Sydney to bid bonjour to President Macron

Lisa Martin

French President Emmanuel Macron's upcoming visit to Australia is unlikely to come with a side of dandruff diplomacy.

Macron jets into Sydney next week fresh from a trip to Washington DC where US President Donald Trump engaged in a spot of personal grooming during a picture opportunity in the Oval Office.

While Turnbull and Macron have also developed a solid bromance, their encounter is expected to be less touchy-feely.

Instead, they'll bond over geography and history.

Macron was born and raised in Amiens northern France, just down the road from Villers-Bretonneux, where Australian troops pulled off a stunning victory over invading German troops and in doing so, altered the course of World War I.

"France is one of our oldest and closest friends," Turnbull said ahead of the visit.

"This year especially we remember our nations' shared sacrifice in the trenches of the Western Front a century ago."

Turnbull was in France for Anzac Day to commemorate the centenary of the Battle of Villers-Bretonneux and open the $100 million Australian-funded Sir John Monash Centre at the Australian memorial.

More than 46,000 Australian diggers were killed on the Western Front and 11,000 remain missing.

Macron will pay his respects to Australia's war dead ahead of a bilateral meeting with the prime minister.

Their talks are expected to focus on modern defence and strategic issues including French firm Naval Group's contract to build Australia's new fleet of 12 submarines in Adelaide as well as growing Chinese influence in the South Pacific.

Last week, Turnbull sought a personal reassurance from Vanuatu that it would not allow the Chinese to build a military base there.

"In a time of uncertainty and persistent challenges to the international rules-based order to which both our countries are firmly committed, we must continue to work together to address global challenges and create opportunity for the prosperity of our people," Turnbull said.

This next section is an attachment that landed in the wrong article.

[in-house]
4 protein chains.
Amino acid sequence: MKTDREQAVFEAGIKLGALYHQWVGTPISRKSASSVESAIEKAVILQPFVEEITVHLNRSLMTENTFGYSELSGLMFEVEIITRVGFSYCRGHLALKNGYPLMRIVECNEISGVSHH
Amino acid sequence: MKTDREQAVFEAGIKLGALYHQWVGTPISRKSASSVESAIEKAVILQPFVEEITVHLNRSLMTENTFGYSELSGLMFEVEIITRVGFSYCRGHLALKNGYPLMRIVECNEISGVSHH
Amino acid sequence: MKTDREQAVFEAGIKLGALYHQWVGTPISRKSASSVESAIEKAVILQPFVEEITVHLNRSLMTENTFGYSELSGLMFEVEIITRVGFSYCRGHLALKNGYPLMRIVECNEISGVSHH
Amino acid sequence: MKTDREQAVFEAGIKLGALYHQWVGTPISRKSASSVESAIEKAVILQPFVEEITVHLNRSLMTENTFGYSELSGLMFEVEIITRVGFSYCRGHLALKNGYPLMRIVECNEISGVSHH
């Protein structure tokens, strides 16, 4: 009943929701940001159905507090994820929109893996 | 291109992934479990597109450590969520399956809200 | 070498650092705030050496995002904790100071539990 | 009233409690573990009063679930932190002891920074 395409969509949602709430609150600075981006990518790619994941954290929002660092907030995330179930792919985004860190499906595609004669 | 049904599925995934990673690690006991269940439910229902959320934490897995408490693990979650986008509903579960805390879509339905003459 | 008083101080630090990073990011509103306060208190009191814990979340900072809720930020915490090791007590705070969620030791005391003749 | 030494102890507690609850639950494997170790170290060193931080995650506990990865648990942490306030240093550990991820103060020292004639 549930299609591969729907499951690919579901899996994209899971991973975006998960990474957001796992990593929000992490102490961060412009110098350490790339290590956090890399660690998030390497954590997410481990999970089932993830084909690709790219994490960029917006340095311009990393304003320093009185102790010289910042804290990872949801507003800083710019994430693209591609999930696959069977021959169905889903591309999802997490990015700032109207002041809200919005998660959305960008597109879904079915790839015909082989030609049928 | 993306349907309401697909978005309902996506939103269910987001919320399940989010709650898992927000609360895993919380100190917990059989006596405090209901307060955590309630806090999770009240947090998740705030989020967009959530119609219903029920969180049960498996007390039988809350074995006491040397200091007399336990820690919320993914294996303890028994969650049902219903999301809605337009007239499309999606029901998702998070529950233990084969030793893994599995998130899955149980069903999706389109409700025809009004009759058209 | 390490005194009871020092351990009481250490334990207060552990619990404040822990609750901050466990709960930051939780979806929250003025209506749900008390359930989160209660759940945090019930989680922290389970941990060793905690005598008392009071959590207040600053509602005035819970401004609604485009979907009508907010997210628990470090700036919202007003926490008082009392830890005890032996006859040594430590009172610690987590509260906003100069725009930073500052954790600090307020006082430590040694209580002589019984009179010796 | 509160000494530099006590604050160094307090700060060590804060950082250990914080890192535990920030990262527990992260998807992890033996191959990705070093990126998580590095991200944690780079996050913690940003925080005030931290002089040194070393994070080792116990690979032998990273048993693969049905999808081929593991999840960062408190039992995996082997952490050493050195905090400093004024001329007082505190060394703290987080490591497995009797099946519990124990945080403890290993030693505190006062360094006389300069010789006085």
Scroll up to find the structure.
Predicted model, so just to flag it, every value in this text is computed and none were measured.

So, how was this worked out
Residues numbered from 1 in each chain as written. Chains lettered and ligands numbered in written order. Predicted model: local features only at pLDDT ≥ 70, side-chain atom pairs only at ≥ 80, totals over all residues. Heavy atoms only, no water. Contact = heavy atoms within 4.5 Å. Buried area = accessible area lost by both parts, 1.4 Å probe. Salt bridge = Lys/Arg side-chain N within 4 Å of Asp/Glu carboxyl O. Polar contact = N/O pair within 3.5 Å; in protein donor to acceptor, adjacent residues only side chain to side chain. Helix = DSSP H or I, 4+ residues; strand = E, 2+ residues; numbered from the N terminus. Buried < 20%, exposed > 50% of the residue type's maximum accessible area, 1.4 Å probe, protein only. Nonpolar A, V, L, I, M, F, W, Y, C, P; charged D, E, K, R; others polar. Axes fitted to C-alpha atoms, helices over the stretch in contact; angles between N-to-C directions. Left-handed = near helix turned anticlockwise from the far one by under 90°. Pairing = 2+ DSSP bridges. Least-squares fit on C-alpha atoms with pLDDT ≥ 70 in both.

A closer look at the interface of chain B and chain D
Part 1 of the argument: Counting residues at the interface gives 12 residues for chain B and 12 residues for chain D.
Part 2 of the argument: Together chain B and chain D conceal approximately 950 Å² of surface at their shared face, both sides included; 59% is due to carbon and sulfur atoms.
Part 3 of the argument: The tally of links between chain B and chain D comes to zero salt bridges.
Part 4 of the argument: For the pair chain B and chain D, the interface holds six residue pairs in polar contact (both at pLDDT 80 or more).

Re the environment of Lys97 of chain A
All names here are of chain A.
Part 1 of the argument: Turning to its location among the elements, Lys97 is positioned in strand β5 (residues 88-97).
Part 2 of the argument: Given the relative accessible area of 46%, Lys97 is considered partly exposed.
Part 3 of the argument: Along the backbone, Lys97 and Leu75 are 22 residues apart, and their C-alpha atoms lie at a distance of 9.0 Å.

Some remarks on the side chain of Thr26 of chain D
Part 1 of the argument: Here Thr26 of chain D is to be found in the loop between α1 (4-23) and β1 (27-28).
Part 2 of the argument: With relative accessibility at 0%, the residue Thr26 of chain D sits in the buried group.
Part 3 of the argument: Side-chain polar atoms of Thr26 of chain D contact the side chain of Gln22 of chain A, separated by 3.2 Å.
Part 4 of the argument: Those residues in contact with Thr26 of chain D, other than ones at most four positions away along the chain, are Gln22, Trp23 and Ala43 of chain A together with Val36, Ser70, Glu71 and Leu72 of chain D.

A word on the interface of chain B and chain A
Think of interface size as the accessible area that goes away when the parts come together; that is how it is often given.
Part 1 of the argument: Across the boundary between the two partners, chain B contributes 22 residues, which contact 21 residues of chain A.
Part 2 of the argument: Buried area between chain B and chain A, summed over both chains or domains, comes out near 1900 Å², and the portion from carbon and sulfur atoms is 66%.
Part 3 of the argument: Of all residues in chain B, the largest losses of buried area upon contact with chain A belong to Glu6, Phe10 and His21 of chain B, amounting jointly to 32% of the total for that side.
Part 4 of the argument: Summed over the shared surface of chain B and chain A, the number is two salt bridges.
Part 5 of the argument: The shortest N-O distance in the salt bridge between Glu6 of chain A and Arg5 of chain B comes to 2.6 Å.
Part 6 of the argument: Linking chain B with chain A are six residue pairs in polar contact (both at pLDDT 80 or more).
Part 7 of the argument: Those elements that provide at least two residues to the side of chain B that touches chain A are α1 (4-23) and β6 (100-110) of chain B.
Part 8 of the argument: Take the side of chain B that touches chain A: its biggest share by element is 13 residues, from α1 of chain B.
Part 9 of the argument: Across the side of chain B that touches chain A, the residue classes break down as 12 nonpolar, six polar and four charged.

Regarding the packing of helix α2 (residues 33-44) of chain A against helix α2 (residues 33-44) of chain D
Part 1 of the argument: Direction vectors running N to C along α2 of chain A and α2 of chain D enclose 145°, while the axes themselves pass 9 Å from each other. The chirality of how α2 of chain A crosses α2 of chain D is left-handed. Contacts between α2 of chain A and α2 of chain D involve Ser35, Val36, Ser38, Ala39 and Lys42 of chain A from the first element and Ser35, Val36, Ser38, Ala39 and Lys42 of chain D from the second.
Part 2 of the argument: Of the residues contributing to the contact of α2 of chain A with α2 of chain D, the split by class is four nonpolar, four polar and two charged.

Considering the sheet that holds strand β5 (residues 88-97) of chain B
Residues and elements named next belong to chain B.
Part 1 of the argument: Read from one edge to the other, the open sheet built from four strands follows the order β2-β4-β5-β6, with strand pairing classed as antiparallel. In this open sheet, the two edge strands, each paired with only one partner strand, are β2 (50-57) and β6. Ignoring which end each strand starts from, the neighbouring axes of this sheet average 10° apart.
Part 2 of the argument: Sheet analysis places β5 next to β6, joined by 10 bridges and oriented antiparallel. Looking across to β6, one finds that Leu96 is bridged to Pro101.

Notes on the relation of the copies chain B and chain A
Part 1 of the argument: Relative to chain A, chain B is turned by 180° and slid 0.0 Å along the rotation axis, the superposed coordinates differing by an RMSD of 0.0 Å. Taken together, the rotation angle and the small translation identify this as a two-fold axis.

Australia's commitment to climate change action and French resistance to a European Union-Australian free trade deal are likely to be pointy issues in bilateral discussions.

Australia committed to a carbon emissions reduction target of 26-28 per cents on 2005 levels at the Paris climate change talks in 2015.

But public debate on coal versus renewable energy has become toxic in recent years.

Meanwhile, the French farming lobby has been vocal against beef imports into the EU.

Australia and the European Union hope to fire the starter's gun on free trade negotiations by the middle of the year.

The EU parliament has granted the European Commission permission to begin negotiations, however, the 28 member states are yet to officially approve a mandate.

European-bloc is Australia's second-largest trading partner and largest source of foreign direct investment, with trade worth $99.5 billion.

Macron will travel to New Caledonia later in the week to rally support for the territory remaining part of France when residents go to a referendum in early November.

The Australian trip is Macron's first visit Down Under.

He hosted Mr Turnbull at the Elysee Palace in Paris last year.

Former President Hollande made a state visit to Australia in November 2014 in the lead-up to Australia hosting the G20 Summit.